Safety group pleads its case for expiration dates on tires
Safety Research & Strategies Inc. (SRS) has petitioned the National Highway Traffic Safety Administration (NHTSA) about helping consumers determine the age of their tires. In addition, the Rehoboth, Mass.-based research and development firm would like to set a firm six-year expiration date on tires.
In a letter to Dr. Jeffrey Runge, NHTSA administrator, SRS President Sean Kane asked NHTSA to consider the company´s petition to mold a consumer-friendly date of manufacture into the sidewall. He says hazards associated with tire aging require the Petition for Rulemaking.
"Regardless of any future agency action on the issue of tire aging, a simple date of manufacture will not create a conflict with other possible requirements," he wrote.
Kane also submitted the firm´s official comments pertaining to the agency´s stated intention to research the deterioration of tire performance caused by aging. He suggests NHTSA should immediately issue a "Consumer Advisory" alerting the public to the dangers of aged tires.
"The advisory should warn consumers that testing has shown tires have a much greater propensity to fail as they age and that both vehicle and tire manufacturers... recommend light truck and passenger tires older than six years from the date of manufacture should not be used, particularly spares."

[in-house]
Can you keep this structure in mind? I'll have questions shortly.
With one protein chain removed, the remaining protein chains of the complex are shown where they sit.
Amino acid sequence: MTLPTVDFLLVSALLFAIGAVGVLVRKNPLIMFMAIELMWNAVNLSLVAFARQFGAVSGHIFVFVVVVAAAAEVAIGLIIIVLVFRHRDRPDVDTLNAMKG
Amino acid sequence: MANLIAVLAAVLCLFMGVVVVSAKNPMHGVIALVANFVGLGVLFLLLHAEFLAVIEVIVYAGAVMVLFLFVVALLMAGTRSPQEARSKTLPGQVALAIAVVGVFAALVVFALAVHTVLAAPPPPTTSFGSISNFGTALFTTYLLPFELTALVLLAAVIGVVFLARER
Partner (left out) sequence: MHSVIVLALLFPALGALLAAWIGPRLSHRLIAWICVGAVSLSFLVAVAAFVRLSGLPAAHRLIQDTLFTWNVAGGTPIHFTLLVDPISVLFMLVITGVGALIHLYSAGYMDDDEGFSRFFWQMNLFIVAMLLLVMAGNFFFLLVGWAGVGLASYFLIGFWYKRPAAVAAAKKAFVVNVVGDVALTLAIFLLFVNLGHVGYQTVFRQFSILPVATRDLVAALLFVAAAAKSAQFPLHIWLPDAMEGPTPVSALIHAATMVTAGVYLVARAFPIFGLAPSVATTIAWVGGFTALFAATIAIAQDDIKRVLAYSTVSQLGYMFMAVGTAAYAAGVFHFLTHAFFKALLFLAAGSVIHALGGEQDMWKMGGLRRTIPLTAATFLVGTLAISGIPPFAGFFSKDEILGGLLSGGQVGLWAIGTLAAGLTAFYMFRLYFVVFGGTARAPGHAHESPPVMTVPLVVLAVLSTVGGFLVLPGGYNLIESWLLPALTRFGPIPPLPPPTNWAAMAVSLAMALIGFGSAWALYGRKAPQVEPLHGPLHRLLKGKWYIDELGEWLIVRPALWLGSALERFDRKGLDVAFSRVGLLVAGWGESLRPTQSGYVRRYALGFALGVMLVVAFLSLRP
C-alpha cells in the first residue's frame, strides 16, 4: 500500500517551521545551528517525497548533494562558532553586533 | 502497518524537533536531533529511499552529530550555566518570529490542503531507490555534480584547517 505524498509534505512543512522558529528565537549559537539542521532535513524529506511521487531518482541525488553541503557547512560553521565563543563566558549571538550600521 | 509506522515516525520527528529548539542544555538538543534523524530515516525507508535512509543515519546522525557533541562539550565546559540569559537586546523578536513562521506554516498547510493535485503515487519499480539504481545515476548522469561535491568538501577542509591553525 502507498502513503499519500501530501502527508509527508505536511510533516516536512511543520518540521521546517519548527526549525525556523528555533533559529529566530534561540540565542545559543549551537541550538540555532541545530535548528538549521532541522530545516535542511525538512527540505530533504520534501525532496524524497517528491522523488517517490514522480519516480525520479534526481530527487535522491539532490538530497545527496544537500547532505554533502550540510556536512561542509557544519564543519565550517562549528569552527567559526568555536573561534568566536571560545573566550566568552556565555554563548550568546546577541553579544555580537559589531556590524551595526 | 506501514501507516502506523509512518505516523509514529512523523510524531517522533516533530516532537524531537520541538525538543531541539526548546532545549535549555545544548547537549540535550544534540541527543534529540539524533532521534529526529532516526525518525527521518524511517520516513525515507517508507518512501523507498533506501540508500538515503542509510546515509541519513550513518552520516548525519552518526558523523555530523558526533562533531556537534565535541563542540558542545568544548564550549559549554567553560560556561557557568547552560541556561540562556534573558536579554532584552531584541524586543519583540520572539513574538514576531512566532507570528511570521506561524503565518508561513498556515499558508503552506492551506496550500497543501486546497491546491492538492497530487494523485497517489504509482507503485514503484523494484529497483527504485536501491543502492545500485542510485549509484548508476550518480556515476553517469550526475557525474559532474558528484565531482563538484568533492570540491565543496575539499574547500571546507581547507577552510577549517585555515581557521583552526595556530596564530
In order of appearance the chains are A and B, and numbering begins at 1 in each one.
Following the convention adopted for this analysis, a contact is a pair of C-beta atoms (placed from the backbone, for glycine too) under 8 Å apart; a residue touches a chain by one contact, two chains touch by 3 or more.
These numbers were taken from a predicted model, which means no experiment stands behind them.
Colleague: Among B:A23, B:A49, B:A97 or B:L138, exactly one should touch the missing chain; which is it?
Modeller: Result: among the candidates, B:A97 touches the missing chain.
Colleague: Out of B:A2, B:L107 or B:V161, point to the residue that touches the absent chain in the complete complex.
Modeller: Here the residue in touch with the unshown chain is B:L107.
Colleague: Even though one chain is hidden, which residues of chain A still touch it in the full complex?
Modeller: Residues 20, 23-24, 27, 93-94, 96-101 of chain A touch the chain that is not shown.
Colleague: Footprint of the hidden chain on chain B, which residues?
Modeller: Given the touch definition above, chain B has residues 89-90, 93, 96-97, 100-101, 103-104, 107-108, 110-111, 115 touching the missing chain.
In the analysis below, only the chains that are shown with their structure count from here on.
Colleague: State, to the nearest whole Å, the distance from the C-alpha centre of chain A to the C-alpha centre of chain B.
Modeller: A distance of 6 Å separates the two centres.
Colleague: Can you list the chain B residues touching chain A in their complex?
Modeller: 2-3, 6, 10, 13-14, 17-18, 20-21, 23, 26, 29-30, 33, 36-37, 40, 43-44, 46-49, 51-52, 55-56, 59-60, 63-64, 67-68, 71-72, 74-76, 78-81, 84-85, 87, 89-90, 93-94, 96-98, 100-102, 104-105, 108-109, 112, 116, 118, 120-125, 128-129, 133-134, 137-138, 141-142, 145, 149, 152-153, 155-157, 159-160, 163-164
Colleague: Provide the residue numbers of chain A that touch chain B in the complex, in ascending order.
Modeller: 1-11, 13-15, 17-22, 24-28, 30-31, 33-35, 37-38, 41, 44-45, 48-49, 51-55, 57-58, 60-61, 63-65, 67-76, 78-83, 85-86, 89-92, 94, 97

Kane bases SRS´ position on the following:
* "research into real-world cases of tread belt separation" in six-year-old and older tires;
* technical papers and presentations;
* industry documents;
* deposition testimony; and
* consultation with tire experts.
According to Kane, SRS has identified "a significant number of additional cases of catastrophic tread belt separations in ´aged´ tires, bringing the number to nearly 50, with at least 37 fatalities
and 35 serious injuries."
At the very least, Kane wants NHTSA to take "immediate remedial action" and to work with the industry to share information about the hazards of tire aging "in a meaningful way with consumers as an interim step toward solving the problem."